near Veraval in Saurashtra, on the western coast of Gujarat is one of the twelve Jyotirlinga shrines of the god Shiva. Somnath is also known by several other names -- Deo pattan, Prabhas Pattan or Pattan Somnath -- which it acquired during its long and eventful history. Somnath's glory and fame are legendary. It is said that people from the remotest parts of the country came to worship at the shrine; revenues collected from ten thousand villages was spent on the maintenance of the temple. Two thousand Brahmins (priests) served the idol and a golden chain attached to a huge bell plate announced the commencement of prayers.
The temple is considered sacred due to the various legends connected to it. Somnath means "The Protector of (the) Moon god". The Somnath Temple is known as "the Shrine Eternal", having been destroyed many times by Islamic kings and rulers.The amazing drama of the iconoclast's zeal for its desecration and the devout Hindu's passionate desire for its restoration continued till the 15th century, when the Hindus finally gave up in sheer despair and built a new temple nearby. The present site of Somnath is a pile of ruins and little is known of the early history of this place.
It is believed that the second temple was built by the Yadava kings of Vallabhi in Gujarat, replaced the first one on the same site around 649 CE. The temple is dedicated to Someshwara, the Lord Shiva with moon in his head. The destruction brought upon this temple by Muhammad of Ghazni in 1025 CE. is an important event in Indian history. In his blind fury, not only did he despoil an object of beauty but tore up the pages of history, which Somnath bore on its walls.
It is said that the temple was supported by pillars which bore the names of its sculptors; this information has been lost to history forever. In its external design the Somnath temple compares well with the temple of Rudramala at Siddhapur and is more or less of the same size in length. The dome, however, is as large as any other built in this period. The temple faces to east and once had an enormous central hall with three entrances, each protected by a lofty porch. The fragments that lie scattered at a short distance from the site give some idea of the sculpture decorating the temple.
The richly carved doorways, the sculptured representations of Nandi, Siva's bull, and the figures of goddesses and their female attendants must once have presented a grand ensemble of great beauty. In the recesses of the balconied corridor, there is a mutilated form of Nataraja, the dancing Shiva. Although essentially a Brahmanical temple, the influence of Jain architecture is clearly discernible. The Kathiawar style of temple architecture in the 11th century was so widespread that instances of it can be found in Rajasthan too.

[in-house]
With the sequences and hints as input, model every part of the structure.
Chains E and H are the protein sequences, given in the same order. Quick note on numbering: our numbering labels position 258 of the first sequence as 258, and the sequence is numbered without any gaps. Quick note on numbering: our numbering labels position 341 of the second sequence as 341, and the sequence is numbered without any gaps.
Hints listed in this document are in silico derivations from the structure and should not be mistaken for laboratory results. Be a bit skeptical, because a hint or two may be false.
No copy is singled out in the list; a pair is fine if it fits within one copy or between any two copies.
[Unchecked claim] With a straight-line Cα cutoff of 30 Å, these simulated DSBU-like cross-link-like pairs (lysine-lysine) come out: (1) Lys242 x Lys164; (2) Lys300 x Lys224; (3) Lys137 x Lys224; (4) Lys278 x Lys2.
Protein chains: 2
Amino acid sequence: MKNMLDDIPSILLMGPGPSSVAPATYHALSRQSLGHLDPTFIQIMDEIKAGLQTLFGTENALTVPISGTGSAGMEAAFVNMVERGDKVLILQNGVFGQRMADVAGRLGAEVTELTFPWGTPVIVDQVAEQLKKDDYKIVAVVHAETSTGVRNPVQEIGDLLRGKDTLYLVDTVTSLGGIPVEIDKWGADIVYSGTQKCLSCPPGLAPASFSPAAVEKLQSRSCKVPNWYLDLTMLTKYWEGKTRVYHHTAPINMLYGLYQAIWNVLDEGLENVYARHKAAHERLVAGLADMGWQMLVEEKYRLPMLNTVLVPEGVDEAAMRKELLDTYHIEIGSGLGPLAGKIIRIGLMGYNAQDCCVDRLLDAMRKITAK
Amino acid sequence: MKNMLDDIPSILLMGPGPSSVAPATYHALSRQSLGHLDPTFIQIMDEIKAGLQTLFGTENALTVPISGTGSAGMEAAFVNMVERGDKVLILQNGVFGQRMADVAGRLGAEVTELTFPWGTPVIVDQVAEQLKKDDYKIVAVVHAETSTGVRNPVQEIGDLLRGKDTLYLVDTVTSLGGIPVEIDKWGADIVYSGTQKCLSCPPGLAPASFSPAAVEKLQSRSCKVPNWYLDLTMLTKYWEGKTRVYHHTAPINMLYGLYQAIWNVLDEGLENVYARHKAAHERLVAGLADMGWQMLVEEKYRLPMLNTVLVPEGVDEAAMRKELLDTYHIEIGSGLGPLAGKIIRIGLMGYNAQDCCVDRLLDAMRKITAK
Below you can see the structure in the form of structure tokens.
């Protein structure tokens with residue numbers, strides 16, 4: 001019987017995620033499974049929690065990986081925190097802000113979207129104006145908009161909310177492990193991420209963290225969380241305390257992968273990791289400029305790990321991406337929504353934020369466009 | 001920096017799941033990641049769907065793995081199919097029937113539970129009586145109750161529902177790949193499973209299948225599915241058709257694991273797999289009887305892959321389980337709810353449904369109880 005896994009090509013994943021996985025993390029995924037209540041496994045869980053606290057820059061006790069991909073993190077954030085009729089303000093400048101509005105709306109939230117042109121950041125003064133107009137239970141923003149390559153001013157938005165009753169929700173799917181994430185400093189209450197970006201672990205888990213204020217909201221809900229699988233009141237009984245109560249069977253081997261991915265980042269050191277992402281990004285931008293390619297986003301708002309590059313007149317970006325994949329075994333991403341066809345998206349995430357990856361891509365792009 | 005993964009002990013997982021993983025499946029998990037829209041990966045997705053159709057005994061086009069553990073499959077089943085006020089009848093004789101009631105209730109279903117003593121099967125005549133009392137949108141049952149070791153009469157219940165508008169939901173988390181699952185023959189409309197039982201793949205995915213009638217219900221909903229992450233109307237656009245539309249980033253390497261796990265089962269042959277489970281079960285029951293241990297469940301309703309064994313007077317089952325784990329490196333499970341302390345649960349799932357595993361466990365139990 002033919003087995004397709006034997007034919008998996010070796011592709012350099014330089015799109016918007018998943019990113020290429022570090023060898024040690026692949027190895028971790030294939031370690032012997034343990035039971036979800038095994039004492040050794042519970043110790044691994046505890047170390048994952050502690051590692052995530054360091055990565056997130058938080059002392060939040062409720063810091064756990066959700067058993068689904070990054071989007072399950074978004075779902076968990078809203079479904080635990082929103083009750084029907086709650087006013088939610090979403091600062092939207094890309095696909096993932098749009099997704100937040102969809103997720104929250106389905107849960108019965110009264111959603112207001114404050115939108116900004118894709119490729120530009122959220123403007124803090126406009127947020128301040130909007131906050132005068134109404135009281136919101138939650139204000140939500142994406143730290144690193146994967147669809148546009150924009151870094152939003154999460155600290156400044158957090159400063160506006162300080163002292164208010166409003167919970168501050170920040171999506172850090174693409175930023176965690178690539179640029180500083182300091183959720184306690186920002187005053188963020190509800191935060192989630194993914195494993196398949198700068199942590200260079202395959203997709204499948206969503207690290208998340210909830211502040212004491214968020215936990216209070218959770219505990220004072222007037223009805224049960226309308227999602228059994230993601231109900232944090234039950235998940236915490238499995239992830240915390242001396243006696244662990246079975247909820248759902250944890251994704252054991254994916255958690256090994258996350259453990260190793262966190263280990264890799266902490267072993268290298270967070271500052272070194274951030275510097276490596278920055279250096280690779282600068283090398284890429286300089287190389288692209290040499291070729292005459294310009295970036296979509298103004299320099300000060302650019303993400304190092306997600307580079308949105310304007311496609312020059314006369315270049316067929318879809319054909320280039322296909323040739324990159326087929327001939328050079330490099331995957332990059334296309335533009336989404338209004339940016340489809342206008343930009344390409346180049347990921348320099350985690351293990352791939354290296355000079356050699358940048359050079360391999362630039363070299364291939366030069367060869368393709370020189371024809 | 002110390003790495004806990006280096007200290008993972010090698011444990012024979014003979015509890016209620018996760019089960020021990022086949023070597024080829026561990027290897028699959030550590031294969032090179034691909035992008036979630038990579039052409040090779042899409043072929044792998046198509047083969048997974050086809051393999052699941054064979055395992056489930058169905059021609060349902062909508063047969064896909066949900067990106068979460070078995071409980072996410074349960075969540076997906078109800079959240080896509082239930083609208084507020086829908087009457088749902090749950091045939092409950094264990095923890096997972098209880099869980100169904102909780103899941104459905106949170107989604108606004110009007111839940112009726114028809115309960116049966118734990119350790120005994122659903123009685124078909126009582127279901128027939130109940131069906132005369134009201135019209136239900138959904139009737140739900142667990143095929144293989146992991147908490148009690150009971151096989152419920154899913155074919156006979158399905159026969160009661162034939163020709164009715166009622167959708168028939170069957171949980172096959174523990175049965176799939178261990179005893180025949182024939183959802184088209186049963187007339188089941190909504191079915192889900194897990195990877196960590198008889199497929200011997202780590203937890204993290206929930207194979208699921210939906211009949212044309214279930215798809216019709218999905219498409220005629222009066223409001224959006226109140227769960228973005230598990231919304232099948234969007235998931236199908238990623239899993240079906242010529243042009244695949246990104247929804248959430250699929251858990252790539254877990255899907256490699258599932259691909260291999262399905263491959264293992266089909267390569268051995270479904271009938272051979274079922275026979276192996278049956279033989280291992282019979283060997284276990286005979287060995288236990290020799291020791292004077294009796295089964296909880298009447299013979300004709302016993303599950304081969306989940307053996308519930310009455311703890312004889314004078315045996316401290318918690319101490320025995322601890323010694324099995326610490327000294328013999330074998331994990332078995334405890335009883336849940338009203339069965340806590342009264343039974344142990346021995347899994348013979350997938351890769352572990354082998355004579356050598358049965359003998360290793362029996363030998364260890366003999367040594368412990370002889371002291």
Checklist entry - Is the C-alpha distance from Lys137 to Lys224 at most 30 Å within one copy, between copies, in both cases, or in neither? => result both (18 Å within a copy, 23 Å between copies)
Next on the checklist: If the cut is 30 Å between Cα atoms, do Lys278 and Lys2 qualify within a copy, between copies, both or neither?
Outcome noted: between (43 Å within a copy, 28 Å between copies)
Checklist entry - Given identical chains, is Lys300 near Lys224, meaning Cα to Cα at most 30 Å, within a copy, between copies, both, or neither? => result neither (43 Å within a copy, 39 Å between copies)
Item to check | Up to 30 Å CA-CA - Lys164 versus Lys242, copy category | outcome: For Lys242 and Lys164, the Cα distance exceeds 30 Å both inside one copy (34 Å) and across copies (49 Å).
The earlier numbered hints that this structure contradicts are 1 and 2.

There is a group of five badly damaged temples at Kiradu in the Mallani district of Marwar, each of which displays many characteristics of the Solanki style of building. Certain Gupta influences are also apparent, obviously arising from their proximity to Gupta territory. Of these five temples, the one dedicated to Lord Vishnu is probably the oldest, but the best preserved is the elegant shrine of Someshwara.
Somnath Temple Inside
The skeleton of a magnificent pillared hall still bears testimony to the intense devotion with which these deserted structures must once have been built. The square shafts of the richly wrought pillars end in the foliage motif so characteristic of Gupta decorative art, and above this is a circular disc and capital, consisting of four brackets.
The ruins of the Rudramala temple at Siddhapur on the banks of the Saraswati river testify to the ornated grandeur that the Solanki style had achieved when it was nearing its decline in the 12th century A.D. Clearly, this temple must have been one of the biggest and most lavishly decorated structures of its time.
The present temple is built in the Chalukya style of temple architecture or Kailash Mahameru Prasad Style
and reflects the skill of the Sompura Salats, one of Gujarat's master masons. The temple's shikhra, or main spire, is 15 metres in height, and it has a 8.2-metre tall flag pole at the top.